The winners of the inaugural Car Design Awards China 2010 were announced at an awards ceremony on 21 April in Beijing, just prior to Auto China.
Automotive design directors and the design press gathered at automotive design studio CH-Auto to celebrate the achievements of the next generation of car designers. Presenters Edward Wong (China Central Academy of Fine Arts) and Kumo Chiu (Idea Dao Design) took to the stage and introduced the winning student designers in five awards categories.
The Citroën ‘Cocoon_Butterfly’ scored the highest points in the entire competition
Judges also said the concept showed “good proportion” and that it was a “high quality design with good presentation”
Students from Shandong University of Art and Design impressed the judges with their appealing Buick ‘Swing Beginner’ proposal
Judges thought the concept showed “efficient use of interior space, and a good solution for the seat of the vehicle in swing”.
Judges praised the “cool shell design” that looked “fun” and proved “a good way of solving [inner city parking] problems”
Student designer Geng Li proudly receives his Best Innovation award from Wu Jian Guo (left), Director of Commission of Economy and Information, Shunyi District Government
Best Exterior Design
Citroën ‘Cocoon_Butterfly’ – Bingyang Hu (Guangzhou Academy of Fine Arts)
Scoring the highest points in the entire competition, the Citroën ‘Cocoon_Butterfly’ concept designed by Bingyang Hu from Guangzhou Academy of Fine Arts, was a firm favourite with the majority of the judging panel. Well thought out, and presented as a complete vehicle statement, the concept stood out for its exceptional design quality and detail. With inspiration taken from the wings and antenna of a butterfly, the compound eyes of insects, and even a whale tail, the concept certainly made its mark on the judges. Shen XiangChau, Chief Styling Designer at CH-Auto, described the ‘Cocoon_Butterfly’ concept as “an elegant explosion of speed and passion”. Cao Min, Director of Advanced Design at GM PATAC, thought the concept showed “good proportion” and that it was a “high quality design with good presentation.” And Cai Qian, Head of the Shanghai Design Studio, Shanghai Volkwagen, commented that it was “a very impressive design, with good rendering, that matches the Citroën style very well.”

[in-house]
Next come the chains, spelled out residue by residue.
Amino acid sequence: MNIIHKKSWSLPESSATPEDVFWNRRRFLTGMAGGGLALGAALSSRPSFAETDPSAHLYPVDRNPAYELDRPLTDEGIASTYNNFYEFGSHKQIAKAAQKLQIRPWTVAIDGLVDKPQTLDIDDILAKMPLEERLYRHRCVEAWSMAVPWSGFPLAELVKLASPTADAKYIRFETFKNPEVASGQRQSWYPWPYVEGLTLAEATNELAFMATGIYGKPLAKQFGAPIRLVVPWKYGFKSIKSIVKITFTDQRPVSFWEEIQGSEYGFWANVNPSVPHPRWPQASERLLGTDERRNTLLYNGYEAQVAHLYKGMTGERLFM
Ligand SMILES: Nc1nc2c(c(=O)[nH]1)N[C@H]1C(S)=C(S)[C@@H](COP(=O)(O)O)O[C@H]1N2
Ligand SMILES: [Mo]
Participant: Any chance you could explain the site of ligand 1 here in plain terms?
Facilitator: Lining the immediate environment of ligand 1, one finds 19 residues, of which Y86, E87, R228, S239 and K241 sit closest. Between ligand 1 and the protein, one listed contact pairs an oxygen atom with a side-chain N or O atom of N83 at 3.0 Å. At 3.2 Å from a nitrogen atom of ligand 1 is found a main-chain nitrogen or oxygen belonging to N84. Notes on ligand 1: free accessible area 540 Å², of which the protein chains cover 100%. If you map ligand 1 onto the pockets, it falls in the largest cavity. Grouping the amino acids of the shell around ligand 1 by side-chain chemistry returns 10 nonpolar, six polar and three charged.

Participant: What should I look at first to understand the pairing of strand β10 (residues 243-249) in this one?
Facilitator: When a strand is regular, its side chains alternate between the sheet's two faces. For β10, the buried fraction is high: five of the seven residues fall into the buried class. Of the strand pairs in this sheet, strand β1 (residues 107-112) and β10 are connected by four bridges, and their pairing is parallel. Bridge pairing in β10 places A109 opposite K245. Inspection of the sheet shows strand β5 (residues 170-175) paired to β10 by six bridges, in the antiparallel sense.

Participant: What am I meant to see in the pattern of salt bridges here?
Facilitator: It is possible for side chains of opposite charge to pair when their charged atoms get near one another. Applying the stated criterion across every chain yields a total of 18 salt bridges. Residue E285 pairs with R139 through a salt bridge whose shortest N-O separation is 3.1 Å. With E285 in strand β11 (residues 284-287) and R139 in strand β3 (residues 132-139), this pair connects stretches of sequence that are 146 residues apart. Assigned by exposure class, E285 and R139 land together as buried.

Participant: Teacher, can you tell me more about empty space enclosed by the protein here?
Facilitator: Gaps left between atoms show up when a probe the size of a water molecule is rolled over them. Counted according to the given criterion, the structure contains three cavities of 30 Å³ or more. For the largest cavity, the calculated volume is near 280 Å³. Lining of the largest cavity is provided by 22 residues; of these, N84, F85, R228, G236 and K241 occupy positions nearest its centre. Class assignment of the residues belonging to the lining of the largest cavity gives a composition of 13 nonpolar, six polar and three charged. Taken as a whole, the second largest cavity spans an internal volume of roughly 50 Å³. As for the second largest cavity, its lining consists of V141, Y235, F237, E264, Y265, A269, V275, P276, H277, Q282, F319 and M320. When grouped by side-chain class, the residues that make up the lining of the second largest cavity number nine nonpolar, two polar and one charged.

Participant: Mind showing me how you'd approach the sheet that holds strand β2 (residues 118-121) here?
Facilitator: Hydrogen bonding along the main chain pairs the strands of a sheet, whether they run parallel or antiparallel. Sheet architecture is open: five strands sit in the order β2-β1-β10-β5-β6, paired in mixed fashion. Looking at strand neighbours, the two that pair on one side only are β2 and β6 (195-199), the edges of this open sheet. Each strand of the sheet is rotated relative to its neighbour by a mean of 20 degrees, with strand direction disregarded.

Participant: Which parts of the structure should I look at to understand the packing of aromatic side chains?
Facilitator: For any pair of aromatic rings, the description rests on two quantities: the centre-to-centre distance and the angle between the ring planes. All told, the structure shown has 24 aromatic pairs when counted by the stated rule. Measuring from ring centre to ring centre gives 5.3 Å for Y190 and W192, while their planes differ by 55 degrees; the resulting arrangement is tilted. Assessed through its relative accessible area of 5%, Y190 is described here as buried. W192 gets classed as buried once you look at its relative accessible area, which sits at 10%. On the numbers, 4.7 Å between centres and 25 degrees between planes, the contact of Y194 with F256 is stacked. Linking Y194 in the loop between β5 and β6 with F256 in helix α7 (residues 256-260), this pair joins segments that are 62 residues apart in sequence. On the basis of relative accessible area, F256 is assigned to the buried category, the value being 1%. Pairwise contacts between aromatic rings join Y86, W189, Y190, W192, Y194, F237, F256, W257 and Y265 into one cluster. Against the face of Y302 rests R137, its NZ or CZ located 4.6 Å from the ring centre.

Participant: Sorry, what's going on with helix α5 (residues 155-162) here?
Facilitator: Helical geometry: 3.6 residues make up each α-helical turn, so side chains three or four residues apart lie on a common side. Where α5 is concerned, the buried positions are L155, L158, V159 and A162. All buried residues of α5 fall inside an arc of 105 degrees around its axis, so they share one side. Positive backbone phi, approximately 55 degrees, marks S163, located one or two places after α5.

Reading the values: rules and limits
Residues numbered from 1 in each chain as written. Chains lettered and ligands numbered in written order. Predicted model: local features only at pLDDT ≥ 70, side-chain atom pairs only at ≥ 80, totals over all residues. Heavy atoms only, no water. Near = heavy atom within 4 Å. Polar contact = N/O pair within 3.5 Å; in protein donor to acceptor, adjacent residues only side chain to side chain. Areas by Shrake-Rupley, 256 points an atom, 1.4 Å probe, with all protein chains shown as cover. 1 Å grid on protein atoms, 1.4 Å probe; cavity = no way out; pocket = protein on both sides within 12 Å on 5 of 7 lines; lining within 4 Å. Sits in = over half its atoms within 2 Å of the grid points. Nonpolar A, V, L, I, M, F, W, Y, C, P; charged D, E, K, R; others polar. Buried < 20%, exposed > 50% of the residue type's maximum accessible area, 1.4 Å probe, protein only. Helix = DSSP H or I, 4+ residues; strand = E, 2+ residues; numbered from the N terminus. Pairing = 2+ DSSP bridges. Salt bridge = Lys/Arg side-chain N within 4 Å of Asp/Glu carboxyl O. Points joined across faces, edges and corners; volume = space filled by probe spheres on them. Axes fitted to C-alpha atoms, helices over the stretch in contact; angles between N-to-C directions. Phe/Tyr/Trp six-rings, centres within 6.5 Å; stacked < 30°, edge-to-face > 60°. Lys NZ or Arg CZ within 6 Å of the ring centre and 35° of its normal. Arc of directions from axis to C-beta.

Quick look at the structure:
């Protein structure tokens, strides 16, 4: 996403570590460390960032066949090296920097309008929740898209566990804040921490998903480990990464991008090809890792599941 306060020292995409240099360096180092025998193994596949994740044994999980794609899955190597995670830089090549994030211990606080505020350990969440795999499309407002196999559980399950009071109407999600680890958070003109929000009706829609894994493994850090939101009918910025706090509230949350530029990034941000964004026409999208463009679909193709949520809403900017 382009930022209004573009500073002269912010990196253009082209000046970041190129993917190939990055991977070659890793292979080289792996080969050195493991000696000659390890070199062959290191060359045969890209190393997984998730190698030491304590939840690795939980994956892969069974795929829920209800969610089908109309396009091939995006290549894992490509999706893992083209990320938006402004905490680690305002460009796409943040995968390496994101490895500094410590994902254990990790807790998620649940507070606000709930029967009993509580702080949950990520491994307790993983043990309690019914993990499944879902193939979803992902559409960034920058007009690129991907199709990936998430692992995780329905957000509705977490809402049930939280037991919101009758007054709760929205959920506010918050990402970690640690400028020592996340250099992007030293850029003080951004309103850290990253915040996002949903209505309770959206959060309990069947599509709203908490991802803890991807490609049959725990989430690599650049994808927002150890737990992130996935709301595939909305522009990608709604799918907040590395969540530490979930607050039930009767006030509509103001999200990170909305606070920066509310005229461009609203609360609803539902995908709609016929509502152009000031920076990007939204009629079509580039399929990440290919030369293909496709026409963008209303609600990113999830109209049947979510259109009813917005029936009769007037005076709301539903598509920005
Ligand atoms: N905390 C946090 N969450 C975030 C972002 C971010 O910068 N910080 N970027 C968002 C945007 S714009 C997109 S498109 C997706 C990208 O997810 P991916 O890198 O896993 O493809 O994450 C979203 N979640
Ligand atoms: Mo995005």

Best Interior Design
(Sponsor: Johnson Controls)
Buick ‘Swing Beginner’ – Yanchao Wang and Zhizhen Zhang (Shandong University of Art & Design)
Yanchao Wang and Zhizhen Zhang of Shandong University of Art & Design won the award for Best Interior Design for the captivating and innovative seating concept of the Buick ‘Swing Beginner’ concept. The appealing proposal featured multi-directional wheels and a drive system controlled by body movement via seat and gravity sensors. PSA Peugeot Citroën China’s Chief of Design, Double Du, said he was “impressed by the very unique design of adjustable layout seats mounted on a round rail,” while Design Manager Robert Walker agreed it was an innovative seating concept. Cao Min thought the concept showed “efficient use of interior space, and a good solution for the seat of the vehicle in swing”.
(Sponsor: Shunyi District Government)
‘Rotating Shell’ concept – Geng Li (Guangzhou Academy of Fine Arts)
The ‘Rotating Shell’ concept from Guangzhou Academy of Fine Arts student designer Geng Li offered a fresh design approach to the compact vehicle for city transport. With its asymmetric design and innovative upright parking mode, Geng Li’s concept really caught the judges’ imagination. It gained praise from PSA Peugeot Citroën China’s Double Du, who described it as “a very cool shell design for individual transportation”. Cai Qian added that it proved “a good way of solving [inner city parking] problems”; and Cao Min said: “It looks like a fun, interesting idea with cool details”, and highlighted “the high quality rendering” that contributed towards the professional presentation. Designer Peter Stevens, chair of the judging panel and visiting professor of Vehicle Design at London’s Royal College
of Art, summed up the concept as “nicely
considered and beautifully presented”.